N.C. Elections Board Sued for Withholding Noncitizen Voter Data

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The North Carolina state board of elections has been hit with a lawsuit over its refusal to turn over noncitizen voter data.

The Public Interest Legal Foundation (PILF), an Indiana-based election integrity group, filed suit Monday in the United States District Court for the Eastern District of North Carolina, Western Division, after the board failed to provide the group with records in relation to noncitizens on voter rolls in numerous counties in the state.

The board continuously pushed back dates that they would provide the group with the records, which were first requested 280 days ago. When officials from the group went to obtain the documents in person, a hard drive was given to PILF's representatives that did not contain the data that the group had requested, according to the complaint.

PILF is seeking information on how state and local officials "identify and eventually remove registrants for citizenship-eligibility defects using immigration or driver licensing data." The group alleges that North Carolina's board of elections is violating inspection rights under the National Voters Registration Act of 1993.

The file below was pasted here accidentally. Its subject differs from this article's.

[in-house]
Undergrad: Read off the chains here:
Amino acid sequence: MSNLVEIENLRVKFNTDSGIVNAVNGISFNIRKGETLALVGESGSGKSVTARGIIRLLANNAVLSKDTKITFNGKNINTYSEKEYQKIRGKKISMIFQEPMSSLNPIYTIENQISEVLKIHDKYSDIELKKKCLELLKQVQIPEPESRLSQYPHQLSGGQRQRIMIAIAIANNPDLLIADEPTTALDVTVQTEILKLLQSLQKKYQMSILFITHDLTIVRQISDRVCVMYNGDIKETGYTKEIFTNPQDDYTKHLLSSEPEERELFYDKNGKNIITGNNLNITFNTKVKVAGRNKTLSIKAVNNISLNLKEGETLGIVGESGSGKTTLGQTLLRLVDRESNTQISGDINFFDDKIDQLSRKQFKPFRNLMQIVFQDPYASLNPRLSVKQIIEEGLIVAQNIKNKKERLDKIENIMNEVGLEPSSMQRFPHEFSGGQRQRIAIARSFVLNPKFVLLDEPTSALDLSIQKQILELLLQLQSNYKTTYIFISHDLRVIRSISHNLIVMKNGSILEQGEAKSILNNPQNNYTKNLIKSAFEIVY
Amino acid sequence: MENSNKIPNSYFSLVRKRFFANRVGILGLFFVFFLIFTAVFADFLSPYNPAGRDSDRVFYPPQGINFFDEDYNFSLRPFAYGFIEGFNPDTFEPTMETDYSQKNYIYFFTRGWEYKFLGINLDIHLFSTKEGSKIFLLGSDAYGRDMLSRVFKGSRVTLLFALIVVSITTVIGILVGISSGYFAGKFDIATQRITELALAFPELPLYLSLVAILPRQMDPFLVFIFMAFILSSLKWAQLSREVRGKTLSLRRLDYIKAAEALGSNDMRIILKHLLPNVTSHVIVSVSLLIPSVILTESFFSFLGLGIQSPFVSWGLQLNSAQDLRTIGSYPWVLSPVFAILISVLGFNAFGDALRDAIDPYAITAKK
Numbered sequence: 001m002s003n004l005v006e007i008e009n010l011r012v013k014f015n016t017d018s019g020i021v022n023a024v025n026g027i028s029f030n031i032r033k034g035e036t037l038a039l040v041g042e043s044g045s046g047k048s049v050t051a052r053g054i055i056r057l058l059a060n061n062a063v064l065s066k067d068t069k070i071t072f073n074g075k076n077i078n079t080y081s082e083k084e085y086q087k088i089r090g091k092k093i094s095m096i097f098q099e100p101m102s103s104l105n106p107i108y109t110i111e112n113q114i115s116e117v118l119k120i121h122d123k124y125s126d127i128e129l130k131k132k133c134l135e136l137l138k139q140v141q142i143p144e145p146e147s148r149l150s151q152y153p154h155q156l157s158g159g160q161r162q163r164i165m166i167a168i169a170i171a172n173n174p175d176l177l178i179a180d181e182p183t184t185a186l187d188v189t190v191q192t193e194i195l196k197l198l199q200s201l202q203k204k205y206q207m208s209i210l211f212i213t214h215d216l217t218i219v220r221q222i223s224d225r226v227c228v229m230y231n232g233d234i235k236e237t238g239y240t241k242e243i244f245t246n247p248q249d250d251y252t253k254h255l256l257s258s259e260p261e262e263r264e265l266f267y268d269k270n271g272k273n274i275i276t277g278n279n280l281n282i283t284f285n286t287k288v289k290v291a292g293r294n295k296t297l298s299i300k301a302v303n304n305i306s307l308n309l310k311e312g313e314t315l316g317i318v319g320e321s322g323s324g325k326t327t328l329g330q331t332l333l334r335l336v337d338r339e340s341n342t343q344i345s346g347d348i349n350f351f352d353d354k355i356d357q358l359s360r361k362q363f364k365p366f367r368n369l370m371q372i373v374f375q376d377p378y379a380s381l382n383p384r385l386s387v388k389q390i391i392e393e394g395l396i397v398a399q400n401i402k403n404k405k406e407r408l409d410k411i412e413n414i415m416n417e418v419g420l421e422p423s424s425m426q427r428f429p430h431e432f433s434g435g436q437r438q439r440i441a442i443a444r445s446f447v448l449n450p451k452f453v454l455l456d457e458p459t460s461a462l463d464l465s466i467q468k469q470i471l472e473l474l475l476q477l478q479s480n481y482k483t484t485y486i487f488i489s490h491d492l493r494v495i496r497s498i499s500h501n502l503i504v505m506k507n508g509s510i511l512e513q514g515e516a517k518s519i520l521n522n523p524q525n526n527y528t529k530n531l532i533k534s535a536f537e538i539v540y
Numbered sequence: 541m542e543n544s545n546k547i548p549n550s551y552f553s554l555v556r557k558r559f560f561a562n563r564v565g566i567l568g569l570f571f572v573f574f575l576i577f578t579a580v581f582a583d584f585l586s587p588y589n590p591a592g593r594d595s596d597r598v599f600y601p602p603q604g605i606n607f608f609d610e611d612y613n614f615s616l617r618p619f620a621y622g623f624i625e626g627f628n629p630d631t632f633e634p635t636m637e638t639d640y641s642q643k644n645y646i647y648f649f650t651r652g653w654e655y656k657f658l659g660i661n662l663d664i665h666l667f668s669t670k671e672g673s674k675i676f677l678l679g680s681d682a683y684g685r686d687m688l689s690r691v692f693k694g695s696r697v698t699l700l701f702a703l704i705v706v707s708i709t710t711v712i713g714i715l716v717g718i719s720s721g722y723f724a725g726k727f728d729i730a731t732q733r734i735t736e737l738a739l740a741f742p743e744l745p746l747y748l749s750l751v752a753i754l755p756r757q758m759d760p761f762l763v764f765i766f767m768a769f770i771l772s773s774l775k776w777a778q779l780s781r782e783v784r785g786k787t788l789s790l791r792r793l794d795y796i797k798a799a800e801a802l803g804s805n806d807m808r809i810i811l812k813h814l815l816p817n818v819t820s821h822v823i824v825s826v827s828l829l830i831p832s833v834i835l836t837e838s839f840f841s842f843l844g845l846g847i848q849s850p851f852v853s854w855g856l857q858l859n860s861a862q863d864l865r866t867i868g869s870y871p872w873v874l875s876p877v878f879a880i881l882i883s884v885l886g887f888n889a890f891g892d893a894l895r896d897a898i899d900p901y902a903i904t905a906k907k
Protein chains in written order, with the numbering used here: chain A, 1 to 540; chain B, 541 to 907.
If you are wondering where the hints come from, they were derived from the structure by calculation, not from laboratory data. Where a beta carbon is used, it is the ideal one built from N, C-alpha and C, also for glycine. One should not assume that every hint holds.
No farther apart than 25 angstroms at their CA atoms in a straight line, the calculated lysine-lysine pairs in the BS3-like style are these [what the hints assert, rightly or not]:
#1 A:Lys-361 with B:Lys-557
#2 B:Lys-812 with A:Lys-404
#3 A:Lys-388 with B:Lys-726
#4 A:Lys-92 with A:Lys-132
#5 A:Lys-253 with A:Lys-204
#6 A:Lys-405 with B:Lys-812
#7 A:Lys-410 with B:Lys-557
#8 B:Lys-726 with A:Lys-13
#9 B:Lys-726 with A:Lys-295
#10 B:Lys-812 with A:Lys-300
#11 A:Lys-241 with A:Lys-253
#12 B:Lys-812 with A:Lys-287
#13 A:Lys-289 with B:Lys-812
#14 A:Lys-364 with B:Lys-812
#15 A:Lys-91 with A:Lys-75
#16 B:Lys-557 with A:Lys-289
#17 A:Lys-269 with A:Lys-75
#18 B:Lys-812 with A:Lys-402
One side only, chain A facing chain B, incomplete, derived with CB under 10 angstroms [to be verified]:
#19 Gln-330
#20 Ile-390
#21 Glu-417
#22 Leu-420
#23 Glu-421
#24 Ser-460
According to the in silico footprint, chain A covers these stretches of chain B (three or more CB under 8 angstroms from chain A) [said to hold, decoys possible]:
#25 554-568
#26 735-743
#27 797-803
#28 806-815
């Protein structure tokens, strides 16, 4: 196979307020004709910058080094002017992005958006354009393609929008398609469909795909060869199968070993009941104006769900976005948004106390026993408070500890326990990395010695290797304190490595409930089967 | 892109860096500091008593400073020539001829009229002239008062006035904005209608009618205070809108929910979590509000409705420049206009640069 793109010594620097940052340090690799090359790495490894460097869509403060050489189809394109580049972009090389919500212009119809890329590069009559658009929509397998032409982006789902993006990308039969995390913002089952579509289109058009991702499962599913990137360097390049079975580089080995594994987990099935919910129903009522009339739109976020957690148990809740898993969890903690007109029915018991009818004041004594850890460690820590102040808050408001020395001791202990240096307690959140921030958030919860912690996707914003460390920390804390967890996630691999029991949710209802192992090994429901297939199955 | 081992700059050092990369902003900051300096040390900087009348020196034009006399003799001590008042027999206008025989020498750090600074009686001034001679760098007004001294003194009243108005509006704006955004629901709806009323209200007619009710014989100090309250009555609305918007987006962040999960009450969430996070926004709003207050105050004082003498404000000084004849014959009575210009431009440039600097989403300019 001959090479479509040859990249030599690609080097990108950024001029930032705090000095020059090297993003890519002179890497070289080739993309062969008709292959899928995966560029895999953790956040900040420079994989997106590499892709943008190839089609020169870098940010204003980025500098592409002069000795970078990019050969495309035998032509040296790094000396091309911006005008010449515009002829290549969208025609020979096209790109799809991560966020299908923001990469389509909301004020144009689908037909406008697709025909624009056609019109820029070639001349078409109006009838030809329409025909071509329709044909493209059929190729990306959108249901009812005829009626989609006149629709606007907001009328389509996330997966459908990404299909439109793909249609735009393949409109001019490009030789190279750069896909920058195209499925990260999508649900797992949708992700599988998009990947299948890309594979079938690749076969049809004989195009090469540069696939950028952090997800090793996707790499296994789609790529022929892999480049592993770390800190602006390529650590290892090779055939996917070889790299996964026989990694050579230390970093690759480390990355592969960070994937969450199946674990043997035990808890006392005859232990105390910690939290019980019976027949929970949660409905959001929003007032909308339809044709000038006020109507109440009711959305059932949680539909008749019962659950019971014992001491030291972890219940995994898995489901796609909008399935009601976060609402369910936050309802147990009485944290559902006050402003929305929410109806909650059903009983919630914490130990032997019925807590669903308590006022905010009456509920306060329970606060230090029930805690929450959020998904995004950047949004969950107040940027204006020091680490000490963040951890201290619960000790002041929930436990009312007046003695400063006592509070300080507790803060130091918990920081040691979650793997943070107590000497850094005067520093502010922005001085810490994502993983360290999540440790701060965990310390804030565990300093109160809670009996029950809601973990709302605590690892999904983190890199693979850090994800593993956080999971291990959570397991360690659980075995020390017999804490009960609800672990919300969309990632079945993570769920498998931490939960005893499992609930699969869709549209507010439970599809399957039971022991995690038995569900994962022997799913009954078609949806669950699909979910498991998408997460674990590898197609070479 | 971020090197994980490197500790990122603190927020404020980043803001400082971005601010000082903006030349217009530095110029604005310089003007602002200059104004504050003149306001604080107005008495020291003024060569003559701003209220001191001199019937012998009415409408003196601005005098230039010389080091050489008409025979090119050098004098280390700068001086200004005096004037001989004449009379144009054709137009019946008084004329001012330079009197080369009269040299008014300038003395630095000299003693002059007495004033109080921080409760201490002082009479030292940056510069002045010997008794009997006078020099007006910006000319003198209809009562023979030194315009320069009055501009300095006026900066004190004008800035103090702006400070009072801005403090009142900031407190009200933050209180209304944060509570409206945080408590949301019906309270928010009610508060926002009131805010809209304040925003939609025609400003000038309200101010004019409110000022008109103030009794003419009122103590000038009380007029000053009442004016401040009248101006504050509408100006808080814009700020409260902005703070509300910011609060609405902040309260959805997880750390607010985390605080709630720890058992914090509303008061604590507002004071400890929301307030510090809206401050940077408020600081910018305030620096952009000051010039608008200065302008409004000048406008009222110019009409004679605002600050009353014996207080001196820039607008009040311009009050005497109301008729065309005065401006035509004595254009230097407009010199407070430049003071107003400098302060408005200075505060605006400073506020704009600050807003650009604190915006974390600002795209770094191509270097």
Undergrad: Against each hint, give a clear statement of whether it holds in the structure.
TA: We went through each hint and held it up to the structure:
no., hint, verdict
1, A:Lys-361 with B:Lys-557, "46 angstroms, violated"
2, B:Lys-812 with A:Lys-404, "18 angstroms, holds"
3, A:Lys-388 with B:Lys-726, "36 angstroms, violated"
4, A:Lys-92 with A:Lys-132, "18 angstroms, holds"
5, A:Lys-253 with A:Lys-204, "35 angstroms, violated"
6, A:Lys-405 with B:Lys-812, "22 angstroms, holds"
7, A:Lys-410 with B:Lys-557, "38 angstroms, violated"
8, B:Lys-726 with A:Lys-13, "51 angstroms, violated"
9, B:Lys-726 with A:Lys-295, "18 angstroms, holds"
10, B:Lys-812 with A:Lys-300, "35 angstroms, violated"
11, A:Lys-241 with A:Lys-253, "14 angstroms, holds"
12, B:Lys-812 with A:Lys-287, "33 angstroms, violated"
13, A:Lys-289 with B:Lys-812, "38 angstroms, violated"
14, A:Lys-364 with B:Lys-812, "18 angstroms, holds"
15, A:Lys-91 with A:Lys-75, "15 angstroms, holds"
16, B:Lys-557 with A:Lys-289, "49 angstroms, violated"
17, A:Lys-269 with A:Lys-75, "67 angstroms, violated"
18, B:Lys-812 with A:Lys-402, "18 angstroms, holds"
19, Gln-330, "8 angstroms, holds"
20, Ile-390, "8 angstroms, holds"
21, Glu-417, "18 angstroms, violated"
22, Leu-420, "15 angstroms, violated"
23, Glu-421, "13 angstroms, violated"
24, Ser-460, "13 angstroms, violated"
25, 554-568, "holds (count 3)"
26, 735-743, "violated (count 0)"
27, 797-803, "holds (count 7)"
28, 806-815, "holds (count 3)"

"The NCSBE is hiding records detailing their reported efforts to identify and remove noncitizens registered to vote," said J. Christian Adams, PILF's president and general counsel. "The disclosure of these records will better improve policymakers' understanding of how to prevent future ineligible registrations—as opposed to constantly playing defense."

PILF notes in a release that 19 foreign nationals were indicted last year in North Carolina for allegedly voting during the 2016 elections.

Robert Higdon, the U.S. attorney for the Eastern District of North Carolina, announced in August 2018 that "nineteen foreign nationals were charged with, among other crimes, voting by alien for their actions prior to and on November 8, 2016. A twentieth defendant was charged with aiding and abetting a fellow defendant in falsely claiming United States citizenship in order to register to vote."

The North Carolina state board of elections did not respond to a request for comment on the lawsuit by press time.